Grumman EA-6B Prowler

Grumman EA-6A

For many years the US Marine Corps operated a number of EF-10B Skyknights as EW platforms, particularly in Vietnam, but as these aircraft aged it became essential that an effective replacement was developed and a version of the A-6A Intruder attack aircraft was soon identified as the most cost-effective option. A total of 28 A2F-1Q aircraft were built or converted from A-6A airframes and these aircraft were split into three squadrons and were used to support strike aircraft by jamming enemy radar systems, whilst at the same time gathering intelligence on North Vietnamese electronic systems - the aircraft were soon re-designated the EA-6A. The two-seat EA-6A was quite similar in appearance to the A-6A, but carried signals surveillance and recording systems, various EW jammers and a number of EW antennas housed in a bulbous fairing on top of the tail. Nevertheless, the EA-6A was always a 'stop-gap' design and, despite the aircraft operating successfully, a number of significant problems were identified, particularly the need for the aircraft to carry additional EW operators and jammers. The EA-6As continued to operate until the late 1970's and began to be withdrawn when the EA-6B was introduced, although some aircraft were used as electronic aggressor training aircraft until the early 1990's.

Grumman EA-6B Prowler

With the experience gained in combat operations over North Vietnam, plans were soon being drawn up for a larger, more effective version of the aircraft - this became the EA-6B Prowler. To accommodate two additional crew members, the A-6 fuselage was extended by 54 inches and the pod on the tail was enlarged. The four crew are accommodated in a side-by-side twin cockpit layout which has improved crew efficiency on long missions. The EA-6B is more than 10,000lbs heavier than the A-6E Intruder and although the wing areas are the same, the additional weight does adversely affect the maneuvering capability of the larger aircraft. Rather underpowered for its weight, the Prowler is powered by two Pratt and Whitney J52-P408A turbojets which each produced 19,400 lbs of thrust, this gives the aircraft a cruising speed of around 500kts, a maximum ceiling of 40,000ft and an unrefueled range of of over 1,000nms. The EA-6B first flew on 25 May 68 and entered operational service in July 1971.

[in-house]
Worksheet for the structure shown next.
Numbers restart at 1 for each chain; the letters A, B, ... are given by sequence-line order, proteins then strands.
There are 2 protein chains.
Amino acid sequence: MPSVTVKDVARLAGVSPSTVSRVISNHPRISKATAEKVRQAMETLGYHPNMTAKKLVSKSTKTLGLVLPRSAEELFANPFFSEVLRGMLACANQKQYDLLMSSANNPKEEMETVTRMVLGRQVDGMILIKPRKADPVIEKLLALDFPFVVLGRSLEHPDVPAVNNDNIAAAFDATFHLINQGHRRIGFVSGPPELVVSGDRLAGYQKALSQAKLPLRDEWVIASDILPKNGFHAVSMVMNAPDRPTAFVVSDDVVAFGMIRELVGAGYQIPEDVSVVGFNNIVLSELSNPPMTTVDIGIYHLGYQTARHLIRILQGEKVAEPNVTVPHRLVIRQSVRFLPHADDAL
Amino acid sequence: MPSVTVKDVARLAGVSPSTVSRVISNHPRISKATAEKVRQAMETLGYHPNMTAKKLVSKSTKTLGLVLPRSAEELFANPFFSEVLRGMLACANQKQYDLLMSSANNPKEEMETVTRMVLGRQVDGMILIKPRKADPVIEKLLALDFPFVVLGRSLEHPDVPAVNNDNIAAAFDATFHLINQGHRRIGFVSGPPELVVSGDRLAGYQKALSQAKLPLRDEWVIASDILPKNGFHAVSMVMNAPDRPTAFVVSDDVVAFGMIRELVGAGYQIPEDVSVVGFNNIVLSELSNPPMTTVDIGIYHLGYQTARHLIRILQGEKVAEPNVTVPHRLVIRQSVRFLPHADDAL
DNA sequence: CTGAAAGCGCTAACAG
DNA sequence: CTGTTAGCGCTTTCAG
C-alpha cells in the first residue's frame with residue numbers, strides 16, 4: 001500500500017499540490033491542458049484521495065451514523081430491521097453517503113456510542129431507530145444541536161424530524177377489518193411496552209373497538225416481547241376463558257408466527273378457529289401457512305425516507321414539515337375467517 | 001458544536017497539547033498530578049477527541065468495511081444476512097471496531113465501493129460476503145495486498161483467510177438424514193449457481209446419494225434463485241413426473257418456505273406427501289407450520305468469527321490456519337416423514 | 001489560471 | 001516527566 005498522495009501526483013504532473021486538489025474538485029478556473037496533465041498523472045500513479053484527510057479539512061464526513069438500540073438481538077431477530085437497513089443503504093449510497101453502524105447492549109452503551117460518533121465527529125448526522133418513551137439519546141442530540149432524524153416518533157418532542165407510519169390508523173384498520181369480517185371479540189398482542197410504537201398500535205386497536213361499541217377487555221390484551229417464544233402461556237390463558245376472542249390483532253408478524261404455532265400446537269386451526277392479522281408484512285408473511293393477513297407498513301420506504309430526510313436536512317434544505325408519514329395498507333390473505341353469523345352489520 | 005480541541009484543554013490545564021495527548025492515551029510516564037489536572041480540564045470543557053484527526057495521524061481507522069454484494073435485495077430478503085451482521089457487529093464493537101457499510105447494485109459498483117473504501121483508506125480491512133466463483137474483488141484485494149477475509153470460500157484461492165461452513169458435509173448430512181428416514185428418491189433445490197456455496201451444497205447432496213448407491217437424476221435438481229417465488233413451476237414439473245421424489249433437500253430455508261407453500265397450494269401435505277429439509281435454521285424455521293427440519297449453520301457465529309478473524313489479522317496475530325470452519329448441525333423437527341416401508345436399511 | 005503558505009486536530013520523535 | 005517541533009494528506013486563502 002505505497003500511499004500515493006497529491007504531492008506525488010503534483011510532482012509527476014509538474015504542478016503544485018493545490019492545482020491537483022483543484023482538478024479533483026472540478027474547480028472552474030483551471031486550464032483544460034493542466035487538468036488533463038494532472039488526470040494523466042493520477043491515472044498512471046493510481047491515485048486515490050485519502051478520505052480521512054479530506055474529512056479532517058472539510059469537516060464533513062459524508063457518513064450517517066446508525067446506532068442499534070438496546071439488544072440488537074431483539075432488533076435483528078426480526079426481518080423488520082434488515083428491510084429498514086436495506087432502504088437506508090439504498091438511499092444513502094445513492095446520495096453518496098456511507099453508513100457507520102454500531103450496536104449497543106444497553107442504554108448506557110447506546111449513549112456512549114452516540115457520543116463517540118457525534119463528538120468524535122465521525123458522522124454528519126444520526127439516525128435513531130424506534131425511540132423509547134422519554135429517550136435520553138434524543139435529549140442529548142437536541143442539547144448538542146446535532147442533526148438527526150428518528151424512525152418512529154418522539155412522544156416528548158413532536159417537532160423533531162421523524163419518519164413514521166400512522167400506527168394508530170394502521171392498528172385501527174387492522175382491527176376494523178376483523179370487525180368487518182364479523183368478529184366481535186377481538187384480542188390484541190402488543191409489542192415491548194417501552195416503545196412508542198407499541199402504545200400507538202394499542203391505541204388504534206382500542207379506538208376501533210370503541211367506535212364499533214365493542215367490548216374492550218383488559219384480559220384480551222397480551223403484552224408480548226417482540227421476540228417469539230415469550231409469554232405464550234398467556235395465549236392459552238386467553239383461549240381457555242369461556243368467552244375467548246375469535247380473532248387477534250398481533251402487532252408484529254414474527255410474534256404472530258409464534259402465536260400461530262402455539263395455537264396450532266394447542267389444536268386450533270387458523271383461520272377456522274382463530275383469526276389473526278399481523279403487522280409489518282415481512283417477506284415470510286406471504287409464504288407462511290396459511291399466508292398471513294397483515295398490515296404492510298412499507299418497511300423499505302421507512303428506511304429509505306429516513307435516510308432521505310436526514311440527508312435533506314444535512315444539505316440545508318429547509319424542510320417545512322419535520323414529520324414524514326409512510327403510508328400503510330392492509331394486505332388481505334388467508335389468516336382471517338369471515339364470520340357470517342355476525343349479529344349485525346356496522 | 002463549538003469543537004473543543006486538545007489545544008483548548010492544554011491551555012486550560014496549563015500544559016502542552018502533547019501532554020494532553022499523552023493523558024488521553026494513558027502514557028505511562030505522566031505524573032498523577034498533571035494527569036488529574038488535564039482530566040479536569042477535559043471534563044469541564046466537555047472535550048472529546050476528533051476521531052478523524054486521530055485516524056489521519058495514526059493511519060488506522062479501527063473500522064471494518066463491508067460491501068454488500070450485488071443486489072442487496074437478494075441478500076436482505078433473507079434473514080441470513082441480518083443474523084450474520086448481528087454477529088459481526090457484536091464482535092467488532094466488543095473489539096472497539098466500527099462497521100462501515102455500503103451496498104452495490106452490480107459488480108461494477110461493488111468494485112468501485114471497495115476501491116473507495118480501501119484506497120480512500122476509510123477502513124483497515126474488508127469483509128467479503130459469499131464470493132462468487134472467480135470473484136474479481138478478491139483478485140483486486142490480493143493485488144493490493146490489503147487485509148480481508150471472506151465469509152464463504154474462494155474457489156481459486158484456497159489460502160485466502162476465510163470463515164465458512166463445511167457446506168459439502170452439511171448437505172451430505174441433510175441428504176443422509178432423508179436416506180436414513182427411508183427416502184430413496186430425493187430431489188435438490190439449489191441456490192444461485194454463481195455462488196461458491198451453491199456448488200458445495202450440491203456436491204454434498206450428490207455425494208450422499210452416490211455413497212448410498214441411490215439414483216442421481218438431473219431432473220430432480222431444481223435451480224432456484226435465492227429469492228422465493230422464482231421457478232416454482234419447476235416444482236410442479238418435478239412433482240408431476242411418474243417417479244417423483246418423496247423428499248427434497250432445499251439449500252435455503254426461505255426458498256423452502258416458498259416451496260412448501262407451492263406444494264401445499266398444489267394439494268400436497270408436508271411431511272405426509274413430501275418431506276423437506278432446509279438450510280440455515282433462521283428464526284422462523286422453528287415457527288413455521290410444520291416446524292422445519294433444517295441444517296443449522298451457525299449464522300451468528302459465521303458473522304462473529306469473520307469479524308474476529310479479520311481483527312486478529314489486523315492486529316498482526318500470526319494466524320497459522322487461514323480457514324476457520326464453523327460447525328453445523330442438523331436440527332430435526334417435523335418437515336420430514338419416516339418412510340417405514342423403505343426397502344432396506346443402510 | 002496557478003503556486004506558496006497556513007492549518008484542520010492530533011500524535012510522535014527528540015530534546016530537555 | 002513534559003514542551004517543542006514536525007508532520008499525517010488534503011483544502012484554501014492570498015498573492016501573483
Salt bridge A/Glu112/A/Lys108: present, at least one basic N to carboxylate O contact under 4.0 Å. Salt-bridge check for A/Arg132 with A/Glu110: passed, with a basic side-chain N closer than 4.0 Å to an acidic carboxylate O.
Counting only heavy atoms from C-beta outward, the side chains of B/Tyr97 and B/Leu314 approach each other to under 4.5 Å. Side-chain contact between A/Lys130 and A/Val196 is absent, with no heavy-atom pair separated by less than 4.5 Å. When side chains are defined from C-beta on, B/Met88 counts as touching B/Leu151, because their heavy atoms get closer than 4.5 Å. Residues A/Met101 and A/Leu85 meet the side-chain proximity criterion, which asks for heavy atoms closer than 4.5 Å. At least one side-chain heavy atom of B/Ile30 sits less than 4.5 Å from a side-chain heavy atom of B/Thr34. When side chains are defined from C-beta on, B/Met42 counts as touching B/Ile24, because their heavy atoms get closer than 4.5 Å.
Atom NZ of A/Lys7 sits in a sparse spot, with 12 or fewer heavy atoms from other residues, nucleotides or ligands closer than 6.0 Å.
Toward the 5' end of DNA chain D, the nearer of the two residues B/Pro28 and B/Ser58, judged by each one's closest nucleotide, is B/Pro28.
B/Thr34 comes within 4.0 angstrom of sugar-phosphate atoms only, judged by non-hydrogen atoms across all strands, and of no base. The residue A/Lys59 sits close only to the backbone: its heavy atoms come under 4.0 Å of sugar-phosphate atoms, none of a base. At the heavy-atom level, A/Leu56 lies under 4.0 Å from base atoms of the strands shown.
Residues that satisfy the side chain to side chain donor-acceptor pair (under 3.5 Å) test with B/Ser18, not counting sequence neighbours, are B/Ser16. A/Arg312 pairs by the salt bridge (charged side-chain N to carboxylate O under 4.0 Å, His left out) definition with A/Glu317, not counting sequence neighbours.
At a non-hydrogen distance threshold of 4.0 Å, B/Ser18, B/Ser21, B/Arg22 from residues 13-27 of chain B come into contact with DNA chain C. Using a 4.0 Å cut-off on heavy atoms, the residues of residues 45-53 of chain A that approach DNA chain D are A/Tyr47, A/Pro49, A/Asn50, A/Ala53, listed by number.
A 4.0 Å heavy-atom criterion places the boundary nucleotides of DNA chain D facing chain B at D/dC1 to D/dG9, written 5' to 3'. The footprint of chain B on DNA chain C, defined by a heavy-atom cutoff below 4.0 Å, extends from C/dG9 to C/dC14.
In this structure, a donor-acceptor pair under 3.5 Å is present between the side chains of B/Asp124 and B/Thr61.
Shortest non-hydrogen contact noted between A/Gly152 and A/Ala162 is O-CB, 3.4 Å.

Grumman EA-6B Prowler

The Prowler's crew consists of a pilot and three Electronic Counter-measures Officers (ECMOs). The senior officer among the four crew is normally the mission commander. The ECMO1, who sits to the right of the pilot, is responsible, along with the pilot, for operating the navigation and communication systems, the air-to-ground radar, the defensive electronic countermeasures systems and firing the HARM. In the rear cockpit ECMO-2 and ECMO-3 are responsible for operating the ALQ-99 Tactical Jamming System (TJS) and the ALQ-99 OBS which gathers tactical electronic order of battle data which can be relayed back to tactical headquarters whilst airborne and stored for later detailed analysis on the ground.

Grumman EA-6B Prowler